The Three Horsemen episode of Weightlifting Scoop is so good I had to listen to it again. As I was listening I heard something that got me thinking about my own coaching style and territorial nature. During that show they talked about how sometimes coaches can become territorial and protective of their lifters in such a way that good lifters are not able to get in front of other coaches who may be able to give them good coaching. One of the things that Coach Pendlay does so well is allows other coaches into Muscle Driver to coach his athletes. When Don McCauley shows up at Muscle Driver and helps coach the team, often times certain athletes excel that day. It’s not that Don’s a better coach or that Glenn isn’t a good coach, it’s that sometimes you need other eyes on your lifters. Other eyes can bring different perspective. Other eyes coaching and watching your lifters can bring new coaching cues to the table that are often times better than your own. Allowing other coaches to help and to coach your lifters is pivotal for this reason. Furthermore, if you are lifter it’s important that you find yourself in front of different styles of coaching every now and then. I’m not against having a main coach who coaches you the majority of the time. I think that is a pretty essential part of consistent training. However, making an effort to get in front of other coaches and around other lifters that you are not often around will allow for growth in the sport where you would’ve been limited otherwise.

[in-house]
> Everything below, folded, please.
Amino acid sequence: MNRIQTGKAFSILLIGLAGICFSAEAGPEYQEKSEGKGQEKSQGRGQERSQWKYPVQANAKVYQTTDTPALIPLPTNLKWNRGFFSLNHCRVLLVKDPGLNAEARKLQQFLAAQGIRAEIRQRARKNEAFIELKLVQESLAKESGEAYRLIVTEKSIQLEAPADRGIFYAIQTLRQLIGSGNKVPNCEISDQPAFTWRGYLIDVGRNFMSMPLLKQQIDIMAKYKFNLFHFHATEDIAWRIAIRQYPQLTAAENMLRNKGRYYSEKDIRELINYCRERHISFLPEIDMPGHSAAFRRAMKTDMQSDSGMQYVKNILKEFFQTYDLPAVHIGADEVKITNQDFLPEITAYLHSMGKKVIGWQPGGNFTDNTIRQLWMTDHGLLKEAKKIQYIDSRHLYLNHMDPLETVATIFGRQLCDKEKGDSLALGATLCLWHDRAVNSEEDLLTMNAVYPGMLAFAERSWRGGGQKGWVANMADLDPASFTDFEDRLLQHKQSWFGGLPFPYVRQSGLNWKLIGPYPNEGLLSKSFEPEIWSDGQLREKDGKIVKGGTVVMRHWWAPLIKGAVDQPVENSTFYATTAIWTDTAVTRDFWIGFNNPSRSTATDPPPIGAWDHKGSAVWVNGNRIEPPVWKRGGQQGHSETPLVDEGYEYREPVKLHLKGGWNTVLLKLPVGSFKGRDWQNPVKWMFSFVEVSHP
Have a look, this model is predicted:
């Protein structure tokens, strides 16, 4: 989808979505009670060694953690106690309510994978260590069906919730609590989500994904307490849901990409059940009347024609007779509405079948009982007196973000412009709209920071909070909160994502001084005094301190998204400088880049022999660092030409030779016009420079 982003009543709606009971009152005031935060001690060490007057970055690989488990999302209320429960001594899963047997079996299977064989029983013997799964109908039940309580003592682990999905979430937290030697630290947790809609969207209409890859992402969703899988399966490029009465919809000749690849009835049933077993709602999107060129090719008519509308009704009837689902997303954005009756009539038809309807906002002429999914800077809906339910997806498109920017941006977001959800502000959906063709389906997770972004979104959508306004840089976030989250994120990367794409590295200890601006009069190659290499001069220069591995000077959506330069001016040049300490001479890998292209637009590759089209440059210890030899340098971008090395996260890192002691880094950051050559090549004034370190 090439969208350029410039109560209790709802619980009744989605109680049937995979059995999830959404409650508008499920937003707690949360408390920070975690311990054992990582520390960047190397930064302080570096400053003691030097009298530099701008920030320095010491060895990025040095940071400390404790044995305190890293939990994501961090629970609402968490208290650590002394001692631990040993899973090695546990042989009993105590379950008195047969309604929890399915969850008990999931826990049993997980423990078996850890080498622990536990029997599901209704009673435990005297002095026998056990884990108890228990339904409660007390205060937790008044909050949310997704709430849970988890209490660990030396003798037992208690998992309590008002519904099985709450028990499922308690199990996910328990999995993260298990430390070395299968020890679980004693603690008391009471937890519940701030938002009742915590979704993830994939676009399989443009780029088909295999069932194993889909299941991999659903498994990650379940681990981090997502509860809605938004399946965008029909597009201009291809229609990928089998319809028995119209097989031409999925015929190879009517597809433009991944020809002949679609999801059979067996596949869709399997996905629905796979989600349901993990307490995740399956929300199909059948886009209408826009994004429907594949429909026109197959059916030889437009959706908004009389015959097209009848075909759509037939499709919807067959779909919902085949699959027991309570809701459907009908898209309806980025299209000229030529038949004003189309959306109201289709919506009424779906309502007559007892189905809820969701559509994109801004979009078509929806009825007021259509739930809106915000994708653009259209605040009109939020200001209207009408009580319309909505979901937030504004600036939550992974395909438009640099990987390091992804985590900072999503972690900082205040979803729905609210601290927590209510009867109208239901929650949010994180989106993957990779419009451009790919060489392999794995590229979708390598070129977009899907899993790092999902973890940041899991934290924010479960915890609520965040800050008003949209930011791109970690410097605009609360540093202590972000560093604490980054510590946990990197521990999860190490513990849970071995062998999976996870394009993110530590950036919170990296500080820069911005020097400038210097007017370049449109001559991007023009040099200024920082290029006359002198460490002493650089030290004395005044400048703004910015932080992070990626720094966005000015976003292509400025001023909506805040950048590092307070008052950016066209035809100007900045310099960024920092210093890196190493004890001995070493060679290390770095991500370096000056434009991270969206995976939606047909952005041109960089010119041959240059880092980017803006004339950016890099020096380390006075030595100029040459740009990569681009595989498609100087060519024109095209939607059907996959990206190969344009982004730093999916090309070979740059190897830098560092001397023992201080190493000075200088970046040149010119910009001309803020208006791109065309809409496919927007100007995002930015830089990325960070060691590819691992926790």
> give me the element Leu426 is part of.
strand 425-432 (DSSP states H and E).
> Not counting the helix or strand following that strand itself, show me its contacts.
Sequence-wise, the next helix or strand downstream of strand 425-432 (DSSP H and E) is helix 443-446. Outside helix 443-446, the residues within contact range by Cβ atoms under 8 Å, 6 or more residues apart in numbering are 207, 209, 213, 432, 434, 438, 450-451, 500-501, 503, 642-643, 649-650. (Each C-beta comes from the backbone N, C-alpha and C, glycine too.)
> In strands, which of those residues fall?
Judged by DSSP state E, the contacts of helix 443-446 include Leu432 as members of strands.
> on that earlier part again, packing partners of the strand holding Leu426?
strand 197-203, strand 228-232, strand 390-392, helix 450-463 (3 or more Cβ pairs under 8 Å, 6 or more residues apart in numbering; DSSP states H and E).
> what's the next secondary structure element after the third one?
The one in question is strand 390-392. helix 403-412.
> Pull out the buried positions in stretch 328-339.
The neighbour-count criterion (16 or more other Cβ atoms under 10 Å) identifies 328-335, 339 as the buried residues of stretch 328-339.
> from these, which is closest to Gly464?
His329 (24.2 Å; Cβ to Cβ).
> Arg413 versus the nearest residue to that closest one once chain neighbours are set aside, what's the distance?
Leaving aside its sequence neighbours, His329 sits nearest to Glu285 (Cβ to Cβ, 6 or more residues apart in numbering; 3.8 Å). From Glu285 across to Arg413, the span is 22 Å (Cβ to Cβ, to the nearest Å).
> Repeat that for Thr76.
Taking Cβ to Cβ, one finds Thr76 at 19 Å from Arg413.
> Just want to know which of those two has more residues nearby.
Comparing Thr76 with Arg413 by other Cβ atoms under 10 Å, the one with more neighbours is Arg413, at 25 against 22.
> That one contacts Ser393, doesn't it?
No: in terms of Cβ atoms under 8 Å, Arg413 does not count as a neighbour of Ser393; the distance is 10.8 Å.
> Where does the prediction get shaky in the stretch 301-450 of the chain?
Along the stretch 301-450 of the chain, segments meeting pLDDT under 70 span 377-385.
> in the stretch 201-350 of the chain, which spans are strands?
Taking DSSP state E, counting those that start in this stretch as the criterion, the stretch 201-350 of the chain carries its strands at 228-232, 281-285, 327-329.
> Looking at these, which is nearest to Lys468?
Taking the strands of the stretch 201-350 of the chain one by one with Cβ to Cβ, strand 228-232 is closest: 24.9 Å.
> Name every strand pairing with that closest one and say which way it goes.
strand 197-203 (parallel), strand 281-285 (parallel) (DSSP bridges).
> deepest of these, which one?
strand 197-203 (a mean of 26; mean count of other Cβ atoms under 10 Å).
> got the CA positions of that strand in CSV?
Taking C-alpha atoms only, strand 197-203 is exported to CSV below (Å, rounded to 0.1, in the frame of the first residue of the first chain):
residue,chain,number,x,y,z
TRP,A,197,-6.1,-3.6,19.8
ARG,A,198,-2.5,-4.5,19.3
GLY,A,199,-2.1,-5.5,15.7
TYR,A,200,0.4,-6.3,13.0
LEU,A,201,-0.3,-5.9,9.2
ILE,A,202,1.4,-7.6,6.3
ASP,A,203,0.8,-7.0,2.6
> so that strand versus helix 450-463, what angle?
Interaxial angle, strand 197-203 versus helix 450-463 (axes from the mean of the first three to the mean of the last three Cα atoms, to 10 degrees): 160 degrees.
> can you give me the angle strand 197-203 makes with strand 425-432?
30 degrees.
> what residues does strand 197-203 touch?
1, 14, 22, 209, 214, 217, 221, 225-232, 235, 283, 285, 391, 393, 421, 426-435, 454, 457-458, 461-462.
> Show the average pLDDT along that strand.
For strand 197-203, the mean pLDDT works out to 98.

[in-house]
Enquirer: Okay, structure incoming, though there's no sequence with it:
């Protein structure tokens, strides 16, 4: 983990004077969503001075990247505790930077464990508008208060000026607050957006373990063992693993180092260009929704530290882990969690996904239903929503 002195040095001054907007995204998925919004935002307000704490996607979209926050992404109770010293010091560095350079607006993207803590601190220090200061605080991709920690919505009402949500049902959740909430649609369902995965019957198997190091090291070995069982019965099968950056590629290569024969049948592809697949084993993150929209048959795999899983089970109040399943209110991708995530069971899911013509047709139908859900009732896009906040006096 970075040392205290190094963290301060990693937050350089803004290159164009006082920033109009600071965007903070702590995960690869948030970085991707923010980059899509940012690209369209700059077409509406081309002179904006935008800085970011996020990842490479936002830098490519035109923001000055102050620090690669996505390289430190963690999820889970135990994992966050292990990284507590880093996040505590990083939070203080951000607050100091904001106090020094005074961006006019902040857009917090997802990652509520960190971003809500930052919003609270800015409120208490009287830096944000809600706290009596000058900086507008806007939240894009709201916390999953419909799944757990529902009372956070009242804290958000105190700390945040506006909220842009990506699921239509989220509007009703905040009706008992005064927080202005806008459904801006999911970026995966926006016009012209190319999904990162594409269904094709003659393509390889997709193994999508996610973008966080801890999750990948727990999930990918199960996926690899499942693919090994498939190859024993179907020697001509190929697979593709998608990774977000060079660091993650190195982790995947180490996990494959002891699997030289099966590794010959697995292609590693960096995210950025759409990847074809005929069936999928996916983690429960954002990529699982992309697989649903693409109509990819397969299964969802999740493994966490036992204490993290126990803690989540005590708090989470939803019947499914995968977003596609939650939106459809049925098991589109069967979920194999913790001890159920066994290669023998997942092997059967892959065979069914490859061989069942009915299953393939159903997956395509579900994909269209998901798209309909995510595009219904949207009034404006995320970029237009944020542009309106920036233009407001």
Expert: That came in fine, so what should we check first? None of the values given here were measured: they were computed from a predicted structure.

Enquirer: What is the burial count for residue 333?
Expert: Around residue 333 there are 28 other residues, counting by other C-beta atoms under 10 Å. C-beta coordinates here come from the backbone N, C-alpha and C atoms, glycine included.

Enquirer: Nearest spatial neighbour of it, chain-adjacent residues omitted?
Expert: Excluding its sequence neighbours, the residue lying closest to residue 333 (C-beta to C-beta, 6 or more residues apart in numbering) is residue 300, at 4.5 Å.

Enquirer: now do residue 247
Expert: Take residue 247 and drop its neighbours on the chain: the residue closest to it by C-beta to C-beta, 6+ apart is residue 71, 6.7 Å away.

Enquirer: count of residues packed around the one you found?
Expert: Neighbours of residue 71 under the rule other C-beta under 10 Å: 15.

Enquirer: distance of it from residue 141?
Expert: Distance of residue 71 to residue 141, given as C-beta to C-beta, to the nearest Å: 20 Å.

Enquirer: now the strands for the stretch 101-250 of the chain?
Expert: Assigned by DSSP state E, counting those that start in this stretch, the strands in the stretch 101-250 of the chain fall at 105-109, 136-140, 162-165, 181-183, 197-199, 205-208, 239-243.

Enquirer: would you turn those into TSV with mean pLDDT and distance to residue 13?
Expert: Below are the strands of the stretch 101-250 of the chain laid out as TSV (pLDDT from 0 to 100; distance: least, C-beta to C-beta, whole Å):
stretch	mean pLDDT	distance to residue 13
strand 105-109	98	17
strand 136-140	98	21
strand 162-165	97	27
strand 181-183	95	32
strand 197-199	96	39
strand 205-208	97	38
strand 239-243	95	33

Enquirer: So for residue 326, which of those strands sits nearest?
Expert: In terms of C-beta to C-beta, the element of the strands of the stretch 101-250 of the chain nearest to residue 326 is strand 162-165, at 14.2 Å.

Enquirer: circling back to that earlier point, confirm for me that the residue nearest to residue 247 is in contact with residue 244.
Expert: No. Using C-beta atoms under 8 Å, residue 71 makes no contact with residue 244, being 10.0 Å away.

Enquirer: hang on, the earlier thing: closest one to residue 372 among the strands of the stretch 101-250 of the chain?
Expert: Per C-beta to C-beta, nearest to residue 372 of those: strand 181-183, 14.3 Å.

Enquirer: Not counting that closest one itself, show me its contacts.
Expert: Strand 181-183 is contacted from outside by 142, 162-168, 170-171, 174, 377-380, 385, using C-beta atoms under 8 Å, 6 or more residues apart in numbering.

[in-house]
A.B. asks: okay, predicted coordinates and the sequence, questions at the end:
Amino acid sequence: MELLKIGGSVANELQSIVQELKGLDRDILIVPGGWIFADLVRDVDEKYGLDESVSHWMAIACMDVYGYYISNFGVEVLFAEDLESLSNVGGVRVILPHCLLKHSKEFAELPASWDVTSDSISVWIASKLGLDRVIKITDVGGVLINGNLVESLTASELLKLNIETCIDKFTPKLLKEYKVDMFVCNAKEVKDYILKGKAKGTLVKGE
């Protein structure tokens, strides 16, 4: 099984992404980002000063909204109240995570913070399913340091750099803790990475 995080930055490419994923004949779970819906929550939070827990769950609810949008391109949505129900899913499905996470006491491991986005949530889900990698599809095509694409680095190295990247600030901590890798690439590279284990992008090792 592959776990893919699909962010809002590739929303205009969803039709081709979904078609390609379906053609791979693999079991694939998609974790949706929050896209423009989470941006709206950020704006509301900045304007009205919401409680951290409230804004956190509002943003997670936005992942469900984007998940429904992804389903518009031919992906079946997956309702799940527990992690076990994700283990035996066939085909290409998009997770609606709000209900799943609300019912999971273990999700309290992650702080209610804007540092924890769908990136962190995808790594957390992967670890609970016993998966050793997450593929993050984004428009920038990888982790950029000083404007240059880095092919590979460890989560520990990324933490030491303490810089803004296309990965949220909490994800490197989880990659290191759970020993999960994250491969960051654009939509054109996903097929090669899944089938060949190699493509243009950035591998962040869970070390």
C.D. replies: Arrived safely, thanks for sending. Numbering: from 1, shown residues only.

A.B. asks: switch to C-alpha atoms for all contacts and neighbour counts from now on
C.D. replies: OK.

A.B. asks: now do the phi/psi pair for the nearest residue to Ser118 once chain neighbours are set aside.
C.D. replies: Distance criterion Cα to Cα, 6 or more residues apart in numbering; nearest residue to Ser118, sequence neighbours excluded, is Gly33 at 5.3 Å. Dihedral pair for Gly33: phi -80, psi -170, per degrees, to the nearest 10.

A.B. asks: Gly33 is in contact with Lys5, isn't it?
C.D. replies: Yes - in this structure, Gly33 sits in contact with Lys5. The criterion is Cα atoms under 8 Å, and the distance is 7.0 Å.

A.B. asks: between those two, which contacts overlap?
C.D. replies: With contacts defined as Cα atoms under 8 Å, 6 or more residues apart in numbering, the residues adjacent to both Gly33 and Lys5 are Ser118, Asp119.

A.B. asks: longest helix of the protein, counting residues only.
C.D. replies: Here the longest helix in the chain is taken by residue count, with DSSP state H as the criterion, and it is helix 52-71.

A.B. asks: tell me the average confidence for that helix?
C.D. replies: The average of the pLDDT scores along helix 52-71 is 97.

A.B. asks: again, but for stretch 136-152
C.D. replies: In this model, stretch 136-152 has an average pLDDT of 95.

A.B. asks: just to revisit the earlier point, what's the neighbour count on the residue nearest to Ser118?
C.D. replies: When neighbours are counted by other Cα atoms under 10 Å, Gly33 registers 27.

This weekend I’m headed to Tampa to do a Texas Outlaw Seminar at Art of Strength Tampa Bay and I’m excited about getting to coach some lifters I have never seen before. Not only does this chisel and refine me as a coach but it also gives these athletes a fresh set of eyes. It will give their coaches the opportunity to see another coach coach their lifters in maybe a little bit of a different way. I love it when other coaches coach my lifters for this exact reason. Another set of eyes and another perspective is never a harmful thing.
This is why we believe so strongly that in our seminars we need to let and push lifters to lift heavy. Yes, we are there to teach but we also want to see athletes under heavy load so that we may have the opportunity to coach them under heavy load. My coaching staff offers a different set of eyes and each of us individually coaches differently. Often times a new set of eyes can bring success that was there already and just needed to be look at a little differently. If you are a coach my encouragement to you is to never hold your lifter so tightly that you prevent greater success by preventing them from getting in front of other coaches. For the lifters I would encourage you to find yourself in training camps, seminars, and other training environments where you are in front of other coaches on a semi-regular basis. Some of my best learning experiences have come when I took a trip and lifted in front of other coaches. And most often I learn something new.